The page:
This is a copy of my sermon given at our Annual Memorial Service on All Saints Day, Sunday 1 November 2020. The reading is from Romans 8:31-39.
You don’t need me to tell you that our world has faced unprecedented levels of disruption these past several months. At times, it feels like we’re living on the film set of an apocalyptic movie. The coronavirus pandemic has reminded us of our fragility in the midst of an ever-changing, and challenging, world.
It’s been especially difficult to say our goodbyes to loved ones with COVID 19 restrictions in place, not only in hospitals but in churches and crematoriums too. Some of you will know Margaret and I both experienced significant bereavements during lockdown and we really do know something of how difficult it’s been for so many of you.
I certainly don’t underestimate the courage it has taken to come here this afternoon, to gather with others who have experienced the pain of loss and to remember and honour our loved ones in this service.
The month of November is a month for remembering. Did you know that: 3 November is National Sandwich Day? On Thursday we will remember, remember, the 5th of November – gunpowder, treason, and plot! 7 November is National Hug A Bear Day and 14 November is National Pickle Day? Who knew these things? Many of us are wearing poppies, a symbol to remember the lives of those who died in two world wars. Of course, Remembrance Sunday will be commemorated very differently than in previous years.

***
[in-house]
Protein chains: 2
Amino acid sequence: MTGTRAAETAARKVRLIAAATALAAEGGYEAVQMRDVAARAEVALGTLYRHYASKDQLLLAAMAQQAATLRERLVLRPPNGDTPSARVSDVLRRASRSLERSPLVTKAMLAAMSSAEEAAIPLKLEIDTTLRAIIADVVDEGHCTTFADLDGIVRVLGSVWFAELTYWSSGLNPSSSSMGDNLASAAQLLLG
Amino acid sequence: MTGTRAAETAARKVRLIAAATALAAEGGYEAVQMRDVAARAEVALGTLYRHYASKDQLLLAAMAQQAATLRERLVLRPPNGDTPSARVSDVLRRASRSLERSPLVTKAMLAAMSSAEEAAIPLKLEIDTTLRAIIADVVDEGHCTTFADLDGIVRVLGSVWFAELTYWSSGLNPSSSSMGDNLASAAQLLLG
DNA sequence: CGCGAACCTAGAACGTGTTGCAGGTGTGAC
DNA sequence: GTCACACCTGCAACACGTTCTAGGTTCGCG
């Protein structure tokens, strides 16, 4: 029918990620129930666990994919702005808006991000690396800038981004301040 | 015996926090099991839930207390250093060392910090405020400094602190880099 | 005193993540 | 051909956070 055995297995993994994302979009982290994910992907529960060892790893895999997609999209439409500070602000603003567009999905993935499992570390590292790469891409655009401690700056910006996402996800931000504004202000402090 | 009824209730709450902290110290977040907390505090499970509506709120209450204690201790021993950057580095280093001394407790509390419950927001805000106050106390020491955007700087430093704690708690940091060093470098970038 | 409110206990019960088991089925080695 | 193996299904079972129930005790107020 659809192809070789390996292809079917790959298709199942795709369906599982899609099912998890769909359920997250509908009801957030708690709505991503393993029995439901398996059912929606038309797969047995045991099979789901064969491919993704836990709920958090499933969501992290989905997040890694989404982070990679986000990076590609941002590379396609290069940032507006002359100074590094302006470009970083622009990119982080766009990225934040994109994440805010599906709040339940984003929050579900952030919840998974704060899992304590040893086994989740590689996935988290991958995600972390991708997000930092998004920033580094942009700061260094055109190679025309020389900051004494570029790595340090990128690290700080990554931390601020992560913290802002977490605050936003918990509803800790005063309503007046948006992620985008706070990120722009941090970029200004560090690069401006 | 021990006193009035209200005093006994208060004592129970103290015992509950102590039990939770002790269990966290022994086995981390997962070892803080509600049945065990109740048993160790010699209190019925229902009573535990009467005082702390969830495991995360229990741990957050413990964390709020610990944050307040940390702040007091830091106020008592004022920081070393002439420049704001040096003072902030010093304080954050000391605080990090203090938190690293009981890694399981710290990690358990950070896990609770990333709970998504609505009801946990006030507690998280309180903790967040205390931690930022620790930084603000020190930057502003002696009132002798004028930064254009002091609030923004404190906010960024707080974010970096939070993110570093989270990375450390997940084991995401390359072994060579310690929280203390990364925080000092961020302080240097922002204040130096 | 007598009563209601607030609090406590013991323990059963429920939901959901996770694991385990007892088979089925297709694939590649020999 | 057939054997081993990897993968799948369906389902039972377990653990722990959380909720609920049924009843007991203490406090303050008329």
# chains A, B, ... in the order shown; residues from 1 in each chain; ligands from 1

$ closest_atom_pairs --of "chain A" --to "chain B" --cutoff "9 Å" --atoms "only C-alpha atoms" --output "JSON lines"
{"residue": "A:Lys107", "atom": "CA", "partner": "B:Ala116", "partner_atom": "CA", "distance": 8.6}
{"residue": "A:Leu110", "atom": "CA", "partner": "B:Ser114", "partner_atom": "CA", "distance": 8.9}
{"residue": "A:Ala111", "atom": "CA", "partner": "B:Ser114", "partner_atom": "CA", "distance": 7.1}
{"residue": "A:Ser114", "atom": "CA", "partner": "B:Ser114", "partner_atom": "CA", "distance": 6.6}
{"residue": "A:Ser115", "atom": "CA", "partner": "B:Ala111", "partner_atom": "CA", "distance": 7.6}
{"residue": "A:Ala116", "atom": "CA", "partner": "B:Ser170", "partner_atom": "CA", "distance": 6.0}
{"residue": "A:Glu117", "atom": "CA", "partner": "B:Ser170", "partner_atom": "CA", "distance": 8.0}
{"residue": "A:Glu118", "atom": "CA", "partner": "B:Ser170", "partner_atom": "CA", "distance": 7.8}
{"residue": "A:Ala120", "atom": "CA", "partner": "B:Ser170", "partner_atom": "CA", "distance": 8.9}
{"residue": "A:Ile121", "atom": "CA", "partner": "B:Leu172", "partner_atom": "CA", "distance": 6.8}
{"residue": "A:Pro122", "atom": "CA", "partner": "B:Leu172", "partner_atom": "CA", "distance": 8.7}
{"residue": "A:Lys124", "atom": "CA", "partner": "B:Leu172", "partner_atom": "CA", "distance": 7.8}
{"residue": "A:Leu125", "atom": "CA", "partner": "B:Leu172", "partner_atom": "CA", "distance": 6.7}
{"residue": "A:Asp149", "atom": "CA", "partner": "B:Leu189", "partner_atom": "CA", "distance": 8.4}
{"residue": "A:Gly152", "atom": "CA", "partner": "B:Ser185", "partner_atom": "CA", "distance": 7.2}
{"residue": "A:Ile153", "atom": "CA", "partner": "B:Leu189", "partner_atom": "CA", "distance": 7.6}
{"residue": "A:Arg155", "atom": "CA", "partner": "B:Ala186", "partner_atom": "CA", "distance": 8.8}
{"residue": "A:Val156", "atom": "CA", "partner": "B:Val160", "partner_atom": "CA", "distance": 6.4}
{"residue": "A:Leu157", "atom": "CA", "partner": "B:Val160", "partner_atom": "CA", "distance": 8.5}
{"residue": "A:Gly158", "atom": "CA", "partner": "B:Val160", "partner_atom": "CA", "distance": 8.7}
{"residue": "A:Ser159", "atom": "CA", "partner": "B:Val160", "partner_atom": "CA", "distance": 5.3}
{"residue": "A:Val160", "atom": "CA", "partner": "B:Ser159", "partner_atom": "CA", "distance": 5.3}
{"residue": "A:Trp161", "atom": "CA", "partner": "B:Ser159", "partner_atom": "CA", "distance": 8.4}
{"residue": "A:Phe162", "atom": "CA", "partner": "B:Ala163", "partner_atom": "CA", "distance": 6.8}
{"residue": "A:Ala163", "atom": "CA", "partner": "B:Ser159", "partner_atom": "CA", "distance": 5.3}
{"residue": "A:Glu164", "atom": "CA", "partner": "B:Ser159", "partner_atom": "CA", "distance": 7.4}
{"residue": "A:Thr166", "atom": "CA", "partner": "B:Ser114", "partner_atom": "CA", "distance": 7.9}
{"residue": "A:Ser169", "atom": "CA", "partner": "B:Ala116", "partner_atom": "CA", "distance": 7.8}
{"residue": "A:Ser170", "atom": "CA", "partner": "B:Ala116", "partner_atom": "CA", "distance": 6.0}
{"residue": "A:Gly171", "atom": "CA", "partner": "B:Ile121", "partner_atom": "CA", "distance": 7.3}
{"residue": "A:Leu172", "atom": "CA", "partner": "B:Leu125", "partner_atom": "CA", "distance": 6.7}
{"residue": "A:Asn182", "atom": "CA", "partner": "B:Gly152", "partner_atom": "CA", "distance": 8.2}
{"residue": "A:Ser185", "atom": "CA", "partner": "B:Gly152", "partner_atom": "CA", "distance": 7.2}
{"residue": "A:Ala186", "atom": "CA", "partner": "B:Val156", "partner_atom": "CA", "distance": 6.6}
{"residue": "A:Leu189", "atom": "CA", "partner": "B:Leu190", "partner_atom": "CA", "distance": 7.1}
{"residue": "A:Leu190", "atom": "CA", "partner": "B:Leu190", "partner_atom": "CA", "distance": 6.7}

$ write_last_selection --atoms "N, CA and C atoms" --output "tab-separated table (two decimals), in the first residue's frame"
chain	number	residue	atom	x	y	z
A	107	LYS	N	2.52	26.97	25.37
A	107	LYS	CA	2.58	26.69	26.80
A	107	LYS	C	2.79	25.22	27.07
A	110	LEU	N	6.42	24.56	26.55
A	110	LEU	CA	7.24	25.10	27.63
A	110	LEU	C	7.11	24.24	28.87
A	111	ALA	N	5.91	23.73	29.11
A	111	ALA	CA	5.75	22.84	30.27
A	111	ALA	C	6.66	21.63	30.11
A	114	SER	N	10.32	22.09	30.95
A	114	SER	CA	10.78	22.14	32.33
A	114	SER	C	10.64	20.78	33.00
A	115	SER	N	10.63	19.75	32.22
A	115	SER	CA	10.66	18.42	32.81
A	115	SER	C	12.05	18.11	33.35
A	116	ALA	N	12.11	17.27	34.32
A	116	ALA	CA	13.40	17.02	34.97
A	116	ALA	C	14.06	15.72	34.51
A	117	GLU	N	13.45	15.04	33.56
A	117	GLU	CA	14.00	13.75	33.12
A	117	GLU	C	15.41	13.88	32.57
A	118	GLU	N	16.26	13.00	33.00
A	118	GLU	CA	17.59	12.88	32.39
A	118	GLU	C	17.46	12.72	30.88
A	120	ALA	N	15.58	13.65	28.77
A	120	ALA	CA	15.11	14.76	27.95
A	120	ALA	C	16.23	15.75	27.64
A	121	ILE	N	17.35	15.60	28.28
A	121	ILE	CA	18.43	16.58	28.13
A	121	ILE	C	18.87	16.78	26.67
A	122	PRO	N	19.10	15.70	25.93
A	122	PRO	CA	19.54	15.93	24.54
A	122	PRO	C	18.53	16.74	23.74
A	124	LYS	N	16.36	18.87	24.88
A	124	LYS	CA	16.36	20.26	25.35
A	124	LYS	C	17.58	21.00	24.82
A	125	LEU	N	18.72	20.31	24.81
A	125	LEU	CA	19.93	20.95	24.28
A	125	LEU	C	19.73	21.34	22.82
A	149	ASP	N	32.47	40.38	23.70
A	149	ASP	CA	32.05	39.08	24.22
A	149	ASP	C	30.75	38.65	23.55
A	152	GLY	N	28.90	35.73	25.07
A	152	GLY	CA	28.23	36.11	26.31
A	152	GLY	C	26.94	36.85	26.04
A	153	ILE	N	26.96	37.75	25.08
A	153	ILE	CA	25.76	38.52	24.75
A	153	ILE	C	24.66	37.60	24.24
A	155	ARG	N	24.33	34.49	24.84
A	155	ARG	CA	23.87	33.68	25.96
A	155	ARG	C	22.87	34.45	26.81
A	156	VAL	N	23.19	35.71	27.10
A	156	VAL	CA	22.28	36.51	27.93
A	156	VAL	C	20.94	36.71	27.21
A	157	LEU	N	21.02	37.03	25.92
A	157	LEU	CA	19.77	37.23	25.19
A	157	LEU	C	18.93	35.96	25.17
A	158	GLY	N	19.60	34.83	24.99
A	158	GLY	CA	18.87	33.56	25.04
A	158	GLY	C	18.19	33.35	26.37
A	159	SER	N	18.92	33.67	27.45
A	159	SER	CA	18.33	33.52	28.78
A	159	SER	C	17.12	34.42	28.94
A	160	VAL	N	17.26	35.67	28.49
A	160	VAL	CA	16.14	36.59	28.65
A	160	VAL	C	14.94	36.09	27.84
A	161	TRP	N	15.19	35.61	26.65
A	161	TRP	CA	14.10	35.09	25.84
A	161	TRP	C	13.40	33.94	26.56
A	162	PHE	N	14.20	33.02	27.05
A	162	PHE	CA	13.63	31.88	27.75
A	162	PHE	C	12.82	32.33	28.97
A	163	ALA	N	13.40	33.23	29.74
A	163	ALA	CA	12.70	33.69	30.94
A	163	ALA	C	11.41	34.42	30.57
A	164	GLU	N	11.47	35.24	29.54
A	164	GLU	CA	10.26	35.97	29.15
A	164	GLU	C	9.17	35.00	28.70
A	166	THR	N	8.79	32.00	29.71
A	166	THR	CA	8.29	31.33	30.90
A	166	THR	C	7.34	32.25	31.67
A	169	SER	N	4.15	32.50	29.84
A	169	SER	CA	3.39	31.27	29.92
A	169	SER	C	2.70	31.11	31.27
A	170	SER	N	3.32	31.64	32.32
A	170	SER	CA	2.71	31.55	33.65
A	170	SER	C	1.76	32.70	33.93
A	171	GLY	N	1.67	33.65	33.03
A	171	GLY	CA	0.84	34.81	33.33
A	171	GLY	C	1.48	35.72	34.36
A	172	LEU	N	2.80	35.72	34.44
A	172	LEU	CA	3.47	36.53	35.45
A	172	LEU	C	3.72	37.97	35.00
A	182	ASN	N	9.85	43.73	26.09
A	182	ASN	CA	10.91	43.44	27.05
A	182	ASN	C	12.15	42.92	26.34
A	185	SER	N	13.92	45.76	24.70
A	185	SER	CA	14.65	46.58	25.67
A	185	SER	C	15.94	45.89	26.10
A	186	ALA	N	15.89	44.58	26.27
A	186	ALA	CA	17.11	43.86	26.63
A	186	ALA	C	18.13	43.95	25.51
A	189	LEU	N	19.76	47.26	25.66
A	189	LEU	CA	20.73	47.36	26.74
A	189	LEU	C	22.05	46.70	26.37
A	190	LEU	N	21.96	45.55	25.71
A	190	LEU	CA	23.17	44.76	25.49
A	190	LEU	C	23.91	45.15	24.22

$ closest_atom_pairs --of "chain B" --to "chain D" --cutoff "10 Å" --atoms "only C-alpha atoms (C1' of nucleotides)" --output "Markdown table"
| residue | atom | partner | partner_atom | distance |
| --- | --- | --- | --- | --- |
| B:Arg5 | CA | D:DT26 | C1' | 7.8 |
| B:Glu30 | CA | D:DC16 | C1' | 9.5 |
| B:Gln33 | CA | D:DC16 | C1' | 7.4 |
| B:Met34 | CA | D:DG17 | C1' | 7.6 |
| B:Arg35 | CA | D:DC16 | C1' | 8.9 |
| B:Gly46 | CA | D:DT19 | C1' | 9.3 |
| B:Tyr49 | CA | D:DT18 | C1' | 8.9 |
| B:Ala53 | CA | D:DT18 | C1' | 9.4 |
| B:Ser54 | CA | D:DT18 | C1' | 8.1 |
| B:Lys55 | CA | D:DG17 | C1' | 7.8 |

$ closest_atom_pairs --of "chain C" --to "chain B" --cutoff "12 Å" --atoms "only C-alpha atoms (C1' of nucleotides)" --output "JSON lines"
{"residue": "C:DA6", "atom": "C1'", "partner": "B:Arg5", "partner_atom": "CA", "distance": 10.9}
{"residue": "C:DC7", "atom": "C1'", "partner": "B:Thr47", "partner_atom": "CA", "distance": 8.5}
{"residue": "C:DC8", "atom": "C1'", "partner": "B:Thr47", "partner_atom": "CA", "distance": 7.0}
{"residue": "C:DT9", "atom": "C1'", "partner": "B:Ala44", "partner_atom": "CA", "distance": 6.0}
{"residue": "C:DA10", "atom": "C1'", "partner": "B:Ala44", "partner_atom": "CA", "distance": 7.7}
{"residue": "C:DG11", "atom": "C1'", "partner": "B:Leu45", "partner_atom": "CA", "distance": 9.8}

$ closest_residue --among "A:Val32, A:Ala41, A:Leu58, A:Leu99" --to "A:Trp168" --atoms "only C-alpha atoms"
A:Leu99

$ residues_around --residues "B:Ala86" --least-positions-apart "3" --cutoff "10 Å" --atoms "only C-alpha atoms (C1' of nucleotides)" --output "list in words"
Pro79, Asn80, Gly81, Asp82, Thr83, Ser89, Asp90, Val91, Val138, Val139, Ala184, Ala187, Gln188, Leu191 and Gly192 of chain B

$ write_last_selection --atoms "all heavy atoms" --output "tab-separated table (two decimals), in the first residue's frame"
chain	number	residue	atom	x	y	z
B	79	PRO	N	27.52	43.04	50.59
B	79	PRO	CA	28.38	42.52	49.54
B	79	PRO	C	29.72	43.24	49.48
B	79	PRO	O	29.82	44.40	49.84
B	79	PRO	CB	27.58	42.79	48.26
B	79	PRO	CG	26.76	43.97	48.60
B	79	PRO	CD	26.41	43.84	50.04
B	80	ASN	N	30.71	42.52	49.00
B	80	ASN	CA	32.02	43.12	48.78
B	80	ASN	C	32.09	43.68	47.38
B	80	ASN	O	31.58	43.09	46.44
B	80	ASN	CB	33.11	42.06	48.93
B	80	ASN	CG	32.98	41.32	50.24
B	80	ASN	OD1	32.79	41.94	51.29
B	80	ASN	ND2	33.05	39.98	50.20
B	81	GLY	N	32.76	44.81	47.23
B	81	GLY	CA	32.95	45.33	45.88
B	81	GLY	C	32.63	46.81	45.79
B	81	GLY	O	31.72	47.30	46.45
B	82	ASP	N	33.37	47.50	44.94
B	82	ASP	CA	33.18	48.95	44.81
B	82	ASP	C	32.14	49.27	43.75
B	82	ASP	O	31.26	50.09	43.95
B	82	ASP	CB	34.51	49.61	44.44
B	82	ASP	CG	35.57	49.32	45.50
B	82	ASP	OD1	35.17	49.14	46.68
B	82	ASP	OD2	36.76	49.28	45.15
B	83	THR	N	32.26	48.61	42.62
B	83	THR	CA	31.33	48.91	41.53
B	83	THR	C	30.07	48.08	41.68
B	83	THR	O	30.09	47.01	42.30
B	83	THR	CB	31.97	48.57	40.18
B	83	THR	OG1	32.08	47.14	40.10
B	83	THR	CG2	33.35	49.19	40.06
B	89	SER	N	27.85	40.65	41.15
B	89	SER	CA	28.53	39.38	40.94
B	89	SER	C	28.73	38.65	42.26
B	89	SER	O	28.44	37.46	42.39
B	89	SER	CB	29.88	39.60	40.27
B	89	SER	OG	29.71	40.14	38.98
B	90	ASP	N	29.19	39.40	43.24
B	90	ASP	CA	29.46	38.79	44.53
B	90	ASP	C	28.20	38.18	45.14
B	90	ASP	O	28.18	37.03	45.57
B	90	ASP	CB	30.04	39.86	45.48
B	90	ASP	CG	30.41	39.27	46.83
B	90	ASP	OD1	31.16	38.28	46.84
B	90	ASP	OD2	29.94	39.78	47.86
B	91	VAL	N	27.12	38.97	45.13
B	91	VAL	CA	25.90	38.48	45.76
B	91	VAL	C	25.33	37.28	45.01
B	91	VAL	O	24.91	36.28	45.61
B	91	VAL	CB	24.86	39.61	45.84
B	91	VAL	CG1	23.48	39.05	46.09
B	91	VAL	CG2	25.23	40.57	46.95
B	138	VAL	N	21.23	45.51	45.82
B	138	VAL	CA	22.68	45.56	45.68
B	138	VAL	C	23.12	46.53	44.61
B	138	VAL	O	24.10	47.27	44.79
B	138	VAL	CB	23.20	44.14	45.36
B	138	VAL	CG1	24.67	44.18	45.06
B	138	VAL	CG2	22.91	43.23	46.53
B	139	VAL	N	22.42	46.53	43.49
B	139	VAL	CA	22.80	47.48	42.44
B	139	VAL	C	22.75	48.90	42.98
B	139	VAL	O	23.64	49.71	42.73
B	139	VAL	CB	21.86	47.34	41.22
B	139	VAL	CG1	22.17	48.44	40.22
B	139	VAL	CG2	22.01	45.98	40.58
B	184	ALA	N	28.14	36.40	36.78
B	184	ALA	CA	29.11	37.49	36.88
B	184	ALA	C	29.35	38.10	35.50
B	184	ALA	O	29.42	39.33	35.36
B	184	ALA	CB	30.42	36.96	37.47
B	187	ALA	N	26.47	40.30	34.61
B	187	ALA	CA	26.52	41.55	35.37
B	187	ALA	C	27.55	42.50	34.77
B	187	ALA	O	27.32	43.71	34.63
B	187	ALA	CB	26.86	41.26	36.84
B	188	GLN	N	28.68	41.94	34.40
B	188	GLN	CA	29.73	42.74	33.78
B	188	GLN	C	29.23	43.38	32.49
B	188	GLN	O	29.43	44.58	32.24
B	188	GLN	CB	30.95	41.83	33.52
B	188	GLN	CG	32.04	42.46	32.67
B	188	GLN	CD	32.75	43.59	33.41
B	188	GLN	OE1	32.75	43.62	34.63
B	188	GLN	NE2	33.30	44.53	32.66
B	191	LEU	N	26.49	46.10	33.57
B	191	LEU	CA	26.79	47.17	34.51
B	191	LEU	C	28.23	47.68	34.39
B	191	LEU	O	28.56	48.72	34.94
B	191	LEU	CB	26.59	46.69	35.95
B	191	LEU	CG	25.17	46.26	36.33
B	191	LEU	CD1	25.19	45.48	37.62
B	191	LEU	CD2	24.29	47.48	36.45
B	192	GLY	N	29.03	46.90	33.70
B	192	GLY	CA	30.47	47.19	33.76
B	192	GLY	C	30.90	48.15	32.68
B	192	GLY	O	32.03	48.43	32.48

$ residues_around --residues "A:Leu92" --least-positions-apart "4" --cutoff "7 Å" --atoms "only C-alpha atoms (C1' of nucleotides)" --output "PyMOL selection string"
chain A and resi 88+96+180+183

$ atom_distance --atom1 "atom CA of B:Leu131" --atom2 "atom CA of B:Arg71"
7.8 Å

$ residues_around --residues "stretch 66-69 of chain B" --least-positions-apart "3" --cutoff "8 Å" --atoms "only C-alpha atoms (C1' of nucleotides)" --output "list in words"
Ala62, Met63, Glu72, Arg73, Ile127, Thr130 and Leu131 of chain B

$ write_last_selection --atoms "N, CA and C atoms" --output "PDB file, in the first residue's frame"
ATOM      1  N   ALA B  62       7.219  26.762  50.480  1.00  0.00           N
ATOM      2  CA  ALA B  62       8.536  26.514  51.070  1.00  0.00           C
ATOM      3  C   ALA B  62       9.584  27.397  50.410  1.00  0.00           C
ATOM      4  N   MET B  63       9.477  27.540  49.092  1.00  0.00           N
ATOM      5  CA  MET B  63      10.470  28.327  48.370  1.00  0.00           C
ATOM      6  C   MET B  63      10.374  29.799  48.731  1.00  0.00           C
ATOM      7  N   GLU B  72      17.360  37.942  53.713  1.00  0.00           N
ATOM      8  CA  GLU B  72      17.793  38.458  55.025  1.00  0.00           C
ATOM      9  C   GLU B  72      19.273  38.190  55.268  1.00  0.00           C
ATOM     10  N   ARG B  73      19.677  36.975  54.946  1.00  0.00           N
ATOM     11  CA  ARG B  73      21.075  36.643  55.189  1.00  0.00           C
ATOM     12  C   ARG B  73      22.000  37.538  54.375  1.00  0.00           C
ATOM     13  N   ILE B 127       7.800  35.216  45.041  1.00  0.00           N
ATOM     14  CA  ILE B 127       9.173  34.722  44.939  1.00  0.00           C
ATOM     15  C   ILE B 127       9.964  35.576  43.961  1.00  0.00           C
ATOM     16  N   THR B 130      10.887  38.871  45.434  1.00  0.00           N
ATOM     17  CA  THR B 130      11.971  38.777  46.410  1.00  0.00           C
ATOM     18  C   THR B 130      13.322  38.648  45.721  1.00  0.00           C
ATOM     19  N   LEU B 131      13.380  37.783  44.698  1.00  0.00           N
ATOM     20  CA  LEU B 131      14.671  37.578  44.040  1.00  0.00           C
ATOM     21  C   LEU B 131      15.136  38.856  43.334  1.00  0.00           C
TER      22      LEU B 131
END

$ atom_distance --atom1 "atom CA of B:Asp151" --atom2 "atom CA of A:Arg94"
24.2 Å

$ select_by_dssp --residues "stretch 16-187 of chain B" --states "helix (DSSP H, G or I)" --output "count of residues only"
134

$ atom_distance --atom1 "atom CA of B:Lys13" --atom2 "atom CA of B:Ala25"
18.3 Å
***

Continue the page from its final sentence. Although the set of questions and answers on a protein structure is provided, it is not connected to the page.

This past week Radio 2 has been looking at grief and loss to Q “try and normalise the conversations around bereavement.” In what they call ‘Grief Conversations’ we’ve heard from people who have used their grief in positive ways. I think this is the first time they’ve done something like this, and I wonder if it was deliberate in the week leading to All Saints Day.
The Church has celebrated All Saints Day on 1 November since around 998 AD and it celebrates the belief that those who die in the Christian faith have nothing to fear from death as they continue their relationship with our Heavenly Father beyond the grave.
Somewhere down the years the festivities evolved so that in medieval times ‘All Hallows Eve’ (Halloween) became the main festival when children began dressing up and dancing – it was known as ‘A Danse Macabre’ – and this celebrated victory over the powers of evil and death that Jesus won through his own death on the cross.
The Apostle Paul does something similar in 1 Corinthians 15:55-56 when he uses this chant:
Where, O death, is your victory? Where, O death, is your sting? The sting of death is sin, and the power of sin is the law. But thanks be to God! He gives us the victory through our Lord Jesus Christ.